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Four decades after Haile Selassie’s death, Ethiopia is an African success story

Authoritarian and landlocked it may be, but Addis Ababa will mark its last emperor’s death as a model of development.

The Conversation Africa



Ethiopia has changed beyond all recognition since the death of its last emperor, Haile Selassie, 40 years ago. Haile Selassie was surreptitiously murdered at the age of 83 by the military revolutionaries who had overthrown him a year earlier. Though t-shirts bearing his familiar features are to be seen on the streets of Addis Ababa, the days of the empire have gone and there is no move to restore it.

Gone too is the Derg, as the military regime was called. It attempted to build a communist state on the ruins of the empire, like its backers in the then USSR. Though it built what initially seemed to be an effective dictatorship, it was unable to cope with the economic incompetence of state socialism – symbolised for the outside world by the great famine of 1984 – or the resistance aroused by brutal top-down central rule.

This resistance was led by the movement for the independence of the northern province of Eritrea. One of the most effective insurgencies the world has ever seen, it brought down the Derg in the province in 1991. Eritrea has since tragically degenerated into an African North Korea, which has succeeded only in providing a massively disproportionate number of the refugees now besieging Fortress Europe. The government of the rest of Ethiopia – by far the largest part of the country – fell to an allied guerrilla movement, the Tigray People’s Liberation Front.

The Tigray People’s Liberation Front initially alarmed the international community by proclaiming Enver Hoxha’s socialist Albania as the example which it wished to emulate. It was saved not least by its leader, Meles Zenawi, who emerged as perhaps the most original and intelligent African ruler of the last 50 years.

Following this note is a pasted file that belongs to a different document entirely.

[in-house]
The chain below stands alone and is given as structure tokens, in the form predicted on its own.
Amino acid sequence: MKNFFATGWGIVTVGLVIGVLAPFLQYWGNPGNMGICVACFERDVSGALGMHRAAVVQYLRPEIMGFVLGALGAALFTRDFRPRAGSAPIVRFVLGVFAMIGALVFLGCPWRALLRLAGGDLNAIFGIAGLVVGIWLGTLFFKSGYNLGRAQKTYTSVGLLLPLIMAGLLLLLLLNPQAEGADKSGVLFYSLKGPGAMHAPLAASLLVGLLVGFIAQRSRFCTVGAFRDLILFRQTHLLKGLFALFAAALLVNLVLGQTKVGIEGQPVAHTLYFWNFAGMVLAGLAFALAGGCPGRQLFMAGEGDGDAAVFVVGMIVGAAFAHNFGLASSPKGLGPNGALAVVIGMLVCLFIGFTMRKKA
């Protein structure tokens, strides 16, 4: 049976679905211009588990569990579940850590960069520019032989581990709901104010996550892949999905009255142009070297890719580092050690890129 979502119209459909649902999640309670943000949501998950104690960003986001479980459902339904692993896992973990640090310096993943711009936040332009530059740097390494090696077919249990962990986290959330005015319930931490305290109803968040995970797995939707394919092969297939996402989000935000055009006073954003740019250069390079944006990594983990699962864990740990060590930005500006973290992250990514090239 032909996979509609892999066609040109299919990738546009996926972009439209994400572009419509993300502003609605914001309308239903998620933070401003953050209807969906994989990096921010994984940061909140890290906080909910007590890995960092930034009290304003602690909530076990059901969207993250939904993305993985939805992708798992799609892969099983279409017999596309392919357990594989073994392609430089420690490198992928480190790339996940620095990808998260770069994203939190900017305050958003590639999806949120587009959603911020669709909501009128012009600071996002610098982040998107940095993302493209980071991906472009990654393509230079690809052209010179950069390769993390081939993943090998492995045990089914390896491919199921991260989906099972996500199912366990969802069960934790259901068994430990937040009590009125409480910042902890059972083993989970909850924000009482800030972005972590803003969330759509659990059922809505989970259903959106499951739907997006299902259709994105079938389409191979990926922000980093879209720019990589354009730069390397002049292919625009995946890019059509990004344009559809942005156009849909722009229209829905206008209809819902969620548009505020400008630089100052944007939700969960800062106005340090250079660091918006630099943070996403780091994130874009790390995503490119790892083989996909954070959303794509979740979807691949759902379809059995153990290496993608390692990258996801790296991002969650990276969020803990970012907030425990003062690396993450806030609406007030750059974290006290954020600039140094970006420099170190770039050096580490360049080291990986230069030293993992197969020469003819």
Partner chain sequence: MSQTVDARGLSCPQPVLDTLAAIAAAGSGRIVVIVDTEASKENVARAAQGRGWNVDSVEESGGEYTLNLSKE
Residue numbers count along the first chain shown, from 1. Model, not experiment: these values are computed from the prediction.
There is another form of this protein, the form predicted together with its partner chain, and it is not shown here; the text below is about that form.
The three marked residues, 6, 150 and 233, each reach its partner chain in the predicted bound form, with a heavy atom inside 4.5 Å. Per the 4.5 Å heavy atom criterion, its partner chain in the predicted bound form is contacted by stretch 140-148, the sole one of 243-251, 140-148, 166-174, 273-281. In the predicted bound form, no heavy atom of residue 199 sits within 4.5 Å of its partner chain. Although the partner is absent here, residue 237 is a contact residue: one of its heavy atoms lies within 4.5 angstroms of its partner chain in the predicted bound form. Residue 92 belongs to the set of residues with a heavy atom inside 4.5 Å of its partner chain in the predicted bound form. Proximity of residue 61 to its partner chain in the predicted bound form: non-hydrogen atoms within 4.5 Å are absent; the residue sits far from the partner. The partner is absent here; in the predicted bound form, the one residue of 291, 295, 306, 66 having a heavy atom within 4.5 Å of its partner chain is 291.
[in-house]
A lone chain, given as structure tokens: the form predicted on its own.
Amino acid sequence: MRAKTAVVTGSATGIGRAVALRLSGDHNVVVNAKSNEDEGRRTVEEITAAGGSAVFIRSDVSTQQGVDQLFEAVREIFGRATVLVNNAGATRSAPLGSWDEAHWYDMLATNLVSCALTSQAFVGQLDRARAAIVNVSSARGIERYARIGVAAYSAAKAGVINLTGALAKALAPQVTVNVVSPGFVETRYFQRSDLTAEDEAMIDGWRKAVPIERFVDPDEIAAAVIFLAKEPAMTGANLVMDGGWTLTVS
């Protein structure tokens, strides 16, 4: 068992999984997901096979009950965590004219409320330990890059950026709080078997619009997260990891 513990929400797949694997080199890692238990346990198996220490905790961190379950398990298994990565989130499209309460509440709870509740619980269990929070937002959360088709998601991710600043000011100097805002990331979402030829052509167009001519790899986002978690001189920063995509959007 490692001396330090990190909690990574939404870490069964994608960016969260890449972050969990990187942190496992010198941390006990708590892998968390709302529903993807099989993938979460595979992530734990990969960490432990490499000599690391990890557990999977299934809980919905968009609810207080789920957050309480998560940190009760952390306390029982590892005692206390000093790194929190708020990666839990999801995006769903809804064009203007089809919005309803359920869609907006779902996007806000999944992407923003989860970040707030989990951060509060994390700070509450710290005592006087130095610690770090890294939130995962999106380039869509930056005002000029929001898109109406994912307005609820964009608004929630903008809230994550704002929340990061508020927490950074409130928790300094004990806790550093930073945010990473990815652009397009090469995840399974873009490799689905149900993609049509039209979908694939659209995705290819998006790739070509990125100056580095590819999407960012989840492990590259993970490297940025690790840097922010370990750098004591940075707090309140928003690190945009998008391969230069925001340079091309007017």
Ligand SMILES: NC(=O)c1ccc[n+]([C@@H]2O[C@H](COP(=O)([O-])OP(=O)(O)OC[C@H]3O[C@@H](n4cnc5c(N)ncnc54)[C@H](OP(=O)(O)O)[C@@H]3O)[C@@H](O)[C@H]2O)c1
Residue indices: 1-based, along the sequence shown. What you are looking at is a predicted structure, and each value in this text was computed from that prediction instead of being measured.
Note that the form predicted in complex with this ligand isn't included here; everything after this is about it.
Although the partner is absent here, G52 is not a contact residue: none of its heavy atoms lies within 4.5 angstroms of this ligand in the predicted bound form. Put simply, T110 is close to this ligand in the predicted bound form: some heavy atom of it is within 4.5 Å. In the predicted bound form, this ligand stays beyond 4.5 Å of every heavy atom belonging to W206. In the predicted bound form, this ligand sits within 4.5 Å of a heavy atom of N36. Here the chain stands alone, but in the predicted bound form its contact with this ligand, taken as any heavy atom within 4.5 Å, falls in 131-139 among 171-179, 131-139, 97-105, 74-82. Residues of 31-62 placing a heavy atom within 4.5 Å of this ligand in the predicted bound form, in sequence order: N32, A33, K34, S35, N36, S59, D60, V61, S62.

The Meles years

Meles rapidly recognised that crude authoritarianism offered no formula for governing a country as diverse as Ethiopia, and introduced a system that promised each of its “nations, nationalities and peoples” a high degree of internal self-government, extending to a right of self-determination, “up to and including independence”.

The actual level of autonomy has fallen well short, and opposition is subverted or suppressed, but there is nonetheless a measure of federalism in which the peoples of each region are at least governed by members of the same group as themselves. Together with a senseless war in 1998-2000, launched by newly independent Eritrea, this has helped to promote a revived sense of Ethiopian nationalism.

Most remarkable of all, however, Meles’ economic development programme has turned the country into one of the fastest-growing economies in Africa, with levels of GDP growth over the last decade at or close to 10% – without the oil or mineral wealth that have largely powered growth in other parts of the continent.

Ethiopian real GDP growth

African Development Bank

Investment in infrastructure and especially roads, which are vital to development in Ethiopia’s mountainous terrain, has been the key. Education has also received a boost, together with public health, where the country’s efficient and generally honest (though undoubtedly bossy) administration has helped to encourage foreign aid donors.